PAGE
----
Eaglecrest Ski Area, AK, confirmed a large inbounds avalanche in a closed area of the resort. Crews using beacons, probes, dogs, and RECCO equipment searched the scene but found nobody trapped. The resort had received 25″ of fresh snow in the previous five days. The slide, in the East Bowl Chutes, was seven feet deep and ran for 100 yards.
Category Archive:avalanche rescue
Sidecountry vs. backcountry. In both areas accidents can happen. Skiing and snowboarding, even at a ski resort, is never without risk. Understanding avalanche safety, having the proper gear, and knowing how to use it matter. If recent avalanches have taught us anything it’s that not all areas are safe. There are no universal truths to avalanches. Even areas that traditionally are safe can quickly become deadly in the right conditions.
A new avalanche backpack will increase a victim's survival window from 15 To 90 minutes.
Avalanche caused deaths don’t result from a lack of oxygen. Dense avalanche debris sits at around 60-70% air. Victims succumb to carbon dioxide poisoning as gas builds up in the snow around them. The SBX seeks to limit that carbon dioxide buildup by pumping oxygen into the snow surrounding one’s mouth while pushing away the built up carbon dioxide. In an avalanche a victims pull the t-shaped handle located on the shoulder strap. This activates a fan located in the SBX Clean Air Intake placed on one’s back. That fan pumps oxygen from an area lacking CO2 buildup to the Clean Air Outlets on the wearer’s shoulders.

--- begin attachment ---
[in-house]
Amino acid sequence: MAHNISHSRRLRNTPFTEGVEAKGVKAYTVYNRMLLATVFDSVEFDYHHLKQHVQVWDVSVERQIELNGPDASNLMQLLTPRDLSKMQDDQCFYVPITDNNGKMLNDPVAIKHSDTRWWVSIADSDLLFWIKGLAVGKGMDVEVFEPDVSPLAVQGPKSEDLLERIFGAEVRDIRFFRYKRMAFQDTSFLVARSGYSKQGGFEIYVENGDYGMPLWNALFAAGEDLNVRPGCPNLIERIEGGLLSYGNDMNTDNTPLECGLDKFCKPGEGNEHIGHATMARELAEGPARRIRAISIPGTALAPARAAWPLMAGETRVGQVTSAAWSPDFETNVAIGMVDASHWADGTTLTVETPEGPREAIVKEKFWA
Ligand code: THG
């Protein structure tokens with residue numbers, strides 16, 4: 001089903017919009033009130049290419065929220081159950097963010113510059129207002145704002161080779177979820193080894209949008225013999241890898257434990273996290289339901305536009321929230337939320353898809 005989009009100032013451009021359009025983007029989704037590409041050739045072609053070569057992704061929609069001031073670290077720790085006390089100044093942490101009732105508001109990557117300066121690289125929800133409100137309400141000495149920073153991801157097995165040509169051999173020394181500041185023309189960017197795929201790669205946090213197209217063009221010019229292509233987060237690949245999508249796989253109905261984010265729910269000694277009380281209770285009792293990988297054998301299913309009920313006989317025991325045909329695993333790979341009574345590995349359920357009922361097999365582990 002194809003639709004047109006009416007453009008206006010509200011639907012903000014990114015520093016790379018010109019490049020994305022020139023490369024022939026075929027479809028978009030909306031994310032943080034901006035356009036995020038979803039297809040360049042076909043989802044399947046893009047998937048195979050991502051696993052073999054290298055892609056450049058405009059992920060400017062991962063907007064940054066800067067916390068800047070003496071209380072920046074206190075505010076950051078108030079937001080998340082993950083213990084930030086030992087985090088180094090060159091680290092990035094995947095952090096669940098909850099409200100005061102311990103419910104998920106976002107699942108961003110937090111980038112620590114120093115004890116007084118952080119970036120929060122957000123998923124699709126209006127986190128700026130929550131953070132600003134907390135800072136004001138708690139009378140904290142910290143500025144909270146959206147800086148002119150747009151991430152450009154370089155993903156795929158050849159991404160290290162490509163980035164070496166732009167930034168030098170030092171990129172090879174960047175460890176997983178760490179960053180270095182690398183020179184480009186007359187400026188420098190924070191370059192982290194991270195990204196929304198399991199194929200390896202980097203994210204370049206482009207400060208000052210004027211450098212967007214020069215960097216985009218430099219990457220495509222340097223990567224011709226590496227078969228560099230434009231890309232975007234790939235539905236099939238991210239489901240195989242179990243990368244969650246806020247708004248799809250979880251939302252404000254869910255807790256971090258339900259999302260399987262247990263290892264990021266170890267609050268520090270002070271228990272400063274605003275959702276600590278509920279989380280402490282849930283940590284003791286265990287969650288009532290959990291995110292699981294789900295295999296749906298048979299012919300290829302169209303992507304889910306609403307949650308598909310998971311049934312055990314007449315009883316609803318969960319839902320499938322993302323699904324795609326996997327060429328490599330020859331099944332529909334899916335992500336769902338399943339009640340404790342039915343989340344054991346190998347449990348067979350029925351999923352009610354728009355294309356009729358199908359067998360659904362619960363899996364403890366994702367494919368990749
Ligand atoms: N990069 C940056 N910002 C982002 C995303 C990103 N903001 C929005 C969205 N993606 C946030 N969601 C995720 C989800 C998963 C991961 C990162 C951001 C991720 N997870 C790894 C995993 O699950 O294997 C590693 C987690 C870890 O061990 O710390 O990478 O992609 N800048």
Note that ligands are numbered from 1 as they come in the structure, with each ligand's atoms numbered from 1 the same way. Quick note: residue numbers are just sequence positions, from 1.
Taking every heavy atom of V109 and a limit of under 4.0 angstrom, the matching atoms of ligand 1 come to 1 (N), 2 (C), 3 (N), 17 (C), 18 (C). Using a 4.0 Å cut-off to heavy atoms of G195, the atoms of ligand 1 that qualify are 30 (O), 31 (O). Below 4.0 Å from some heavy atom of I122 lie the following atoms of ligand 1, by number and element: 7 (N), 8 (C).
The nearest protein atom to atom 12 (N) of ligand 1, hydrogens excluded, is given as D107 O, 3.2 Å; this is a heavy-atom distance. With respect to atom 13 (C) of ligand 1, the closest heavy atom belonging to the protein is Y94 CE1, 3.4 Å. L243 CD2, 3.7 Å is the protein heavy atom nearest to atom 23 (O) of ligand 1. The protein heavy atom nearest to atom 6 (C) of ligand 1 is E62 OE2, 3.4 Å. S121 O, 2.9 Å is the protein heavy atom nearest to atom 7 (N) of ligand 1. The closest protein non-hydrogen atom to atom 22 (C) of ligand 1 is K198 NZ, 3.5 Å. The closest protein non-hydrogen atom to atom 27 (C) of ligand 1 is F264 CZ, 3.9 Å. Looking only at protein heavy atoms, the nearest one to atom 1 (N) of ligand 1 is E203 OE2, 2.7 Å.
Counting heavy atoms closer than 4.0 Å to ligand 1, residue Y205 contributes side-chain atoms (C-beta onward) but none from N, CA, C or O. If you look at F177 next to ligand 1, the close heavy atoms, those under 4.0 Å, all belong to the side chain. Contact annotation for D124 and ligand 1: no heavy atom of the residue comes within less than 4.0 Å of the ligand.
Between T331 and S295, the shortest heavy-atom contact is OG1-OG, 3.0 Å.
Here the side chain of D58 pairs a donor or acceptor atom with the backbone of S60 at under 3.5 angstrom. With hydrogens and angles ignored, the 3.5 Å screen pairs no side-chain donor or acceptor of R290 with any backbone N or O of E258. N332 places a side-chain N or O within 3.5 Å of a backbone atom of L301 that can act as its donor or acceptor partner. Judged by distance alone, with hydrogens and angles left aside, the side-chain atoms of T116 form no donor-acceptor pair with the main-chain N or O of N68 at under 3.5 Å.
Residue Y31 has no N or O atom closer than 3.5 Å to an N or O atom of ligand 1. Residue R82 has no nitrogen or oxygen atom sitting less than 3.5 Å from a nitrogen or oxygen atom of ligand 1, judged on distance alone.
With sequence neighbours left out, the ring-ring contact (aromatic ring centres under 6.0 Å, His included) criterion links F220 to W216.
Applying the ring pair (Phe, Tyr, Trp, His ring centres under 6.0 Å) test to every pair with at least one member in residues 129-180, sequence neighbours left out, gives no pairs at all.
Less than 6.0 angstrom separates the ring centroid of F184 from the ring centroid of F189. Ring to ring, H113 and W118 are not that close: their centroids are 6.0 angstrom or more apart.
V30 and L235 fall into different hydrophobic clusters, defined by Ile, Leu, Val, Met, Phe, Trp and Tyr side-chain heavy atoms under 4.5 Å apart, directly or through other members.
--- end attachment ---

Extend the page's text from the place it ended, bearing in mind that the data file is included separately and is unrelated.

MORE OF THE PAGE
A week from graduating high school, Alaska avalanche survivor Peter Schutt was physically on top of the world as he climbed Donoho Peak near the Alaska/Canada border.
Unfortunately, Schutt’s adventure took a dangerous turn when an avalanche struck. Snow that was once a fixture on the frigid face of the mountain suddenly cut loose and turned into a freight train of cold, sugary crystals stampeding in rapid, unstoppable motion.
The avalanche pitched him over a 75-foot cliff on his tumble down 2,500 feet of the jagged mountain face. He remembers covering his head as best he could to prevent further injury.
After the avalanche Schutt’s friend and partner made his way down, contacted National Park Service via cell phone and provided cell phone GPS coordinates to aid the rescue response.